W3C home > Mailing lists > Public > public-webcrypto@w3.org > July 2014

[Bug 25985] WebCrypto should be inter-operable

From: <bugzilla@jessica.w3.org>
Date: Wed, 30 Jul 2014 11:37:20 +0000
To: public-webcrypto@w3.org
Message-ID: <bug-25985-7213-wj12GoZJeJ@http.www.w3.org/Bugs/Public/>

--- Comment #39 from Henri Sivonen <hsivonen@hsivonen.fi> ---
(In reply to Ryan Sleevi from comment #36)
> Finally, there's clearly a diverse set of people interested in this - from
> the "Node.JS/Win.JS" folks looking for server-side operation, from the
> "exposed to websites" group, to the "exposed to sysapps", to the "usable in
> devices that use web technologies" (e.g. set top boxes), there's a vast and
> varying set of requirements here, even beyond that of CSS.

I think it's fine for Node.js to implement browser APIs, but I think it's a
mistake to let the server side wag the browser-side spec. See: DOM.

I also think it's a mistake to make browser API specs vaguer in order to make
devices with low-quality browsers or browser ports comply. See: Various Mobile
Profiles from the feature phone era.

> Let me emphatically state that "conformance" lacks a strong definition in
> the context of cryptographic operations. It is essential to treat them "as
> if" they were hardware capabilities.

Do you say this in order to make sure that stuff *can* map to hardware
capabilities like AES-NI or do you say this in order to be able to treat crypto
differently policy-wise compared to features that browsers are expected to have
regardless of the underlying hardware?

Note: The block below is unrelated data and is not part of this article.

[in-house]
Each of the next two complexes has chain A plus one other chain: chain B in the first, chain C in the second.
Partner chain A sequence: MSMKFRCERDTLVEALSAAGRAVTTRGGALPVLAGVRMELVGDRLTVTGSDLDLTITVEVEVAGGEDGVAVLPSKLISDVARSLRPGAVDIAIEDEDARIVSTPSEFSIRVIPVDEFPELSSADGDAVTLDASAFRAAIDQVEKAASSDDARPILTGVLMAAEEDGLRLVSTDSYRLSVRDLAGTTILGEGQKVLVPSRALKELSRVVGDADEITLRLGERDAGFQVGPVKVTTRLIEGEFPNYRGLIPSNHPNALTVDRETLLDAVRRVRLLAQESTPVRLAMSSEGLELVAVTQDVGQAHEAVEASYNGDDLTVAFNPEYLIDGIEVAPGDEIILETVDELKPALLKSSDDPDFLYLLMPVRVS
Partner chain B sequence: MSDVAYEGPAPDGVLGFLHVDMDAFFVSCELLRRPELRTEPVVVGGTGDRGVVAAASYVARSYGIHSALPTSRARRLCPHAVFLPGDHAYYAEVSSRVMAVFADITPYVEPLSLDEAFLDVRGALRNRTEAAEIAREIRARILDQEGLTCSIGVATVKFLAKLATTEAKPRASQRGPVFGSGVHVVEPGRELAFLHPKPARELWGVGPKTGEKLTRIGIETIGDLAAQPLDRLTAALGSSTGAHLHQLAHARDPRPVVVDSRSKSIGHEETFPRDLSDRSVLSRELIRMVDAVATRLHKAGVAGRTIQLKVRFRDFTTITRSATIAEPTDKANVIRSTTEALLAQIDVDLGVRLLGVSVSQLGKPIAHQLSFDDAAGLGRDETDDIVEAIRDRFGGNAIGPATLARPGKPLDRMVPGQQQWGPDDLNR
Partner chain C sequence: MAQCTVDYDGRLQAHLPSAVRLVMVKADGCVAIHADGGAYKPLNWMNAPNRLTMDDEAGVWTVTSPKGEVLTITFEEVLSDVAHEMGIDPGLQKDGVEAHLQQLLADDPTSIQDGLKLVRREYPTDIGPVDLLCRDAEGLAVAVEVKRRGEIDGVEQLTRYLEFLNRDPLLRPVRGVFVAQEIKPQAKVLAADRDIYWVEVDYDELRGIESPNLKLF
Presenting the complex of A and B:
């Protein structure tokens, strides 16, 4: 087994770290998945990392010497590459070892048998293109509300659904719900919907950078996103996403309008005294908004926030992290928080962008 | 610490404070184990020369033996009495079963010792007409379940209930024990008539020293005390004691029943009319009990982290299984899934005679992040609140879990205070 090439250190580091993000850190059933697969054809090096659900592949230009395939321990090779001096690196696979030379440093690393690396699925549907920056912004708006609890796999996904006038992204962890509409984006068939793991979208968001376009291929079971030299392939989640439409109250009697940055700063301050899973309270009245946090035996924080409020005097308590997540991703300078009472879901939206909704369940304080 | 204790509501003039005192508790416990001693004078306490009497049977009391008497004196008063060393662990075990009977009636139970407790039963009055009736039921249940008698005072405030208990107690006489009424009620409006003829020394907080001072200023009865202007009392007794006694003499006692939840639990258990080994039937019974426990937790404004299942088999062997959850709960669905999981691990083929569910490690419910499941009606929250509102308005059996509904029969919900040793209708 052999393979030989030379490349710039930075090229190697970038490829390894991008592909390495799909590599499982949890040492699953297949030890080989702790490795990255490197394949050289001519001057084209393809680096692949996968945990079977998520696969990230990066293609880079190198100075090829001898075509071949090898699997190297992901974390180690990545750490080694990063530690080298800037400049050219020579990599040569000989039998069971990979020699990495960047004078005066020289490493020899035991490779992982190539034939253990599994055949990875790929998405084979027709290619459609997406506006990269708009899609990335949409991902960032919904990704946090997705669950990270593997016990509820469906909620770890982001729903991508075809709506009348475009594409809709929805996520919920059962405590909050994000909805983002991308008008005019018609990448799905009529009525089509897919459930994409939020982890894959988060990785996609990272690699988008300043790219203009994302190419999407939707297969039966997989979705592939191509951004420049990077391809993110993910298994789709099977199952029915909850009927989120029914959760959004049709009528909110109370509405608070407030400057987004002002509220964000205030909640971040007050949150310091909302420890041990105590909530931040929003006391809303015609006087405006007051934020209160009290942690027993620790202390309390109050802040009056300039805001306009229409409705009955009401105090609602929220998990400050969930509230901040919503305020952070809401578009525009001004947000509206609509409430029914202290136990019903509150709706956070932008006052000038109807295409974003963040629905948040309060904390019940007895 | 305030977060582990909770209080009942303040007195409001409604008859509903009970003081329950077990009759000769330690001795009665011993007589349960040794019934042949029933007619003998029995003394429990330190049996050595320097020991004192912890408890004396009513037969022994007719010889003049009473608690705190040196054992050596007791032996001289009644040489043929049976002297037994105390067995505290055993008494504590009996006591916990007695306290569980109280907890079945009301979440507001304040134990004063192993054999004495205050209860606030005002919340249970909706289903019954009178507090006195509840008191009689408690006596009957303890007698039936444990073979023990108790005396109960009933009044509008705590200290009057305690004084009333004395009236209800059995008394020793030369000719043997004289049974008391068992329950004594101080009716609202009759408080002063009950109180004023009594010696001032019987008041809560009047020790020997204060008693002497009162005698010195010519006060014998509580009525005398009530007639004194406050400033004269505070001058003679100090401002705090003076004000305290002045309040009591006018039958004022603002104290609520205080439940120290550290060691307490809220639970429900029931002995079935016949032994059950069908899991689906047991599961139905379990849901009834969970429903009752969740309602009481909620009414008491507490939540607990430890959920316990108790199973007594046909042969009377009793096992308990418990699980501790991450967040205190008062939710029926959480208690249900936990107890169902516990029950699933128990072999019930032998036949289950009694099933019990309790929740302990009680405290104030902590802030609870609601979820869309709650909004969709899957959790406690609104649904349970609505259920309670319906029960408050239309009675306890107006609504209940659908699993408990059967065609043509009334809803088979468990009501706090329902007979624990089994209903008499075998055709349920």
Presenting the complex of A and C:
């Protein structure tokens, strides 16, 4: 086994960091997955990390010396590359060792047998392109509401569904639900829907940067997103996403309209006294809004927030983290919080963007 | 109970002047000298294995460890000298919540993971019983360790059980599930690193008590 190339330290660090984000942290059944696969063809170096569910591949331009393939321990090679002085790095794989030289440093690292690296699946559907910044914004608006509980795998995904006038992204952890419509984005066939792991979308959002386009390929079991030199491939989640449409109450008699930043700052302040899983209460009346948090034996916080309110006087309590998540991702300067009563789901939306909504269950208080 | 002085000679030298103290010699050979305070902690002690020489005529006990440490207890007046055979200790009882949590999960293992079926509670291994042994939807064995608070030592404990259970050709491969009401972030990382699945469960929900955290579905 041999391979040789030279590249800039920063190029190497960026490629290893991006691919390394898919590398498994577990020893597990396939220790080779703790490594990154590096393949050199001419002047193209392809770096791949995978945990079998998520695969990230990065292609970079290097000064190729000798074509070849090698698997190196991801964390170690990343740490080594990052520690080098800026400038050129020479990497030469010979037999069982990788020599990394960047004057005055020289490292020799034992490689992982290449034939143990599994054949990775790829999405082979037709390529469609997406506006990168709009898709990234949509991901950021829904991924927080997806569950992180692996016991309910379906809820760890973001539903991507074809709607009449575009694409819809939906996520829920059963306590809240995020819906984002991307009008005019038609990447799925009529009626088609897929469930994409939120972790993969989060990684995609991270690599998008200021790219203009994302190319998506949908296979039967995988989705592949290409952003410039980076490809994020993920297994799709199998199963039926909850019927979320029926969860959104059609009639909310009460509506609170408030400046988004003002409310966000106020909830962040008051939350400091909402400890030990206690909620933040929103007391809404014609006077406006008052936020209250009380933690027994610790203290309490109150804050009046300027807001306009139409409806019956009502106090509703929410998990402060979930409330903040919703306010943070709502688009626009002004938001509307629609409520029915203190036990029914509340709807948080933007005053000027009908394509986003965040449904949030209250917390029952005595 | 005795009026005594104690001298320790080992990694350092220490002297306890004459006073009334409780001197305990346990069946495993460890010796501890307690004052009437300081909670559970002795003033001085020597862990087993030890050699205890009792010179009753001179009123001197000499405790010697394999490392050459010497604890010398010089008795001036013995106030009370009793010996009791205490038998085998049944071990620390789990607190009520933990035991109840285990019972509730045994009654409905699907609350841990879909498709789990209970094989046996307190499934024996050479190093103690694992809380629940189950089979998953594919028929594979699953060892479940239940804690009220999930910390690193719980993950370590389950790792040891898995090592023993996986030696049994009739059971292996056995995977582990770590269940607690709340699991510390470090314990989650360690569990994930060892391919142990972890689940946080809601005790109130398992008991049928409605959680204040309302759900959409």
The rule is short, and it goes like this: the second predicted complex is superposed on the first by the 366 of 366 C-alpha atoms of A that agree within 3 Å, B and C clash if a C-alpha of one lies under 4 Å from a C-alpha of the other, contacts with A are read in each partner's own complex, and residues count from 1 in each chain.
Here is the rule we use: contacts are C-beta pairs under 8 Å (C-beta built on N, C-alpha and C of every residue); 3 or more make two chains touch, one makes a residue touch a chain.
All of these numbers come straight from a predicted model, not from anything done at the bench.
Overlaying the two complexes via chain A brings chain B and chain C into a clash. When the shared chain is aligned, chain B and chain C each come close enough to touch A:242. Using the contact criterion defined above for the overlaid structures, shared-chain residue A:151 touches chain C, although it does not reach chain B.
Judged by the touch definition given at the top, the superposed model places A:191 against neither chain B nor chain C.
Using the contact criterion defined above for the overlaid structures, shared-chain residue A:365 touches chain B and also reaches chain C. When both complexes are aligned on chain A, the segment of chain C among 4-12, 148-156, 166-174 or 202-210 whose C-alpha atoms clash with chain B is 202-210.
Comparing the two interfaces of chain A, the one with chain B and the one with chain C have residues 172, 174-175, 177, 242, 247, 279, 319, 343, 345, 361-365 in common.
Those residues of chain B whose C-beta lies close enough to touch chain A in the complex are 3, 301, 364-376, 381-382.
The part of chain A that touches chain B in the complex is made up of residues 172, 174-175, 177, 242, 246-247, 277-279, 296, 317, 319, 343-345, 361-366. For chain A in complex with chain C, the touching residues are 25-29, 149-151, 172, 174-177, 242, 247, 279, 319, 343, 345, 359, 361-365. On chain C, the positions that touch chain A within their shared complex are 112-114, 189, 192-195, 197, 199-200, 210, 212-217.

> Consider RSA-OAEP as an example. Chromium wants to use the cryptographic
> capabilities of Linux (the NSS library), except different distros ship
> different versions of NSS with different capabilities.

Is this issue going to be moot once Chromium starts using BoringSSL?

> What does "conformance" mean, for the Chromium developers?
> - Does "conformance" simply meaning making the calls to the underlying
> library, in the hope that they'll succeed?
> - Does "conformance" mean that Chromium should try to implement RSA-OAEP
> itself, independent of the cryptographic libraries?

Isn't this what Chromium is on track to doing once it switches to BoringSSL?

>   - Is a distinction made between the library being an older version, which
> may not support RSA-OAEP, and the library being newer, but having RSA-OAEP
> explicitly disabled by the user (through means outside of Chromium's
> control?)

I'd say the question of whether Chromium is conforming in that case wouldn't be
of practical importance. From the practical perspective, it matter if stuff
works. If stuff doesn't work, the system+configuration as a whole would be
non-conforming if RSA-OAEP was in the set of algorithms that the WG has deemed
to be part of the Web Platform.

> - What about for algorithms for which there are no PKCS#11 mechanism points
> assigned yet, like Curve25519 or the NUMS curves?

Seems reasonable to implement Curve25519 without any PKCS#11 layer in between
in that case.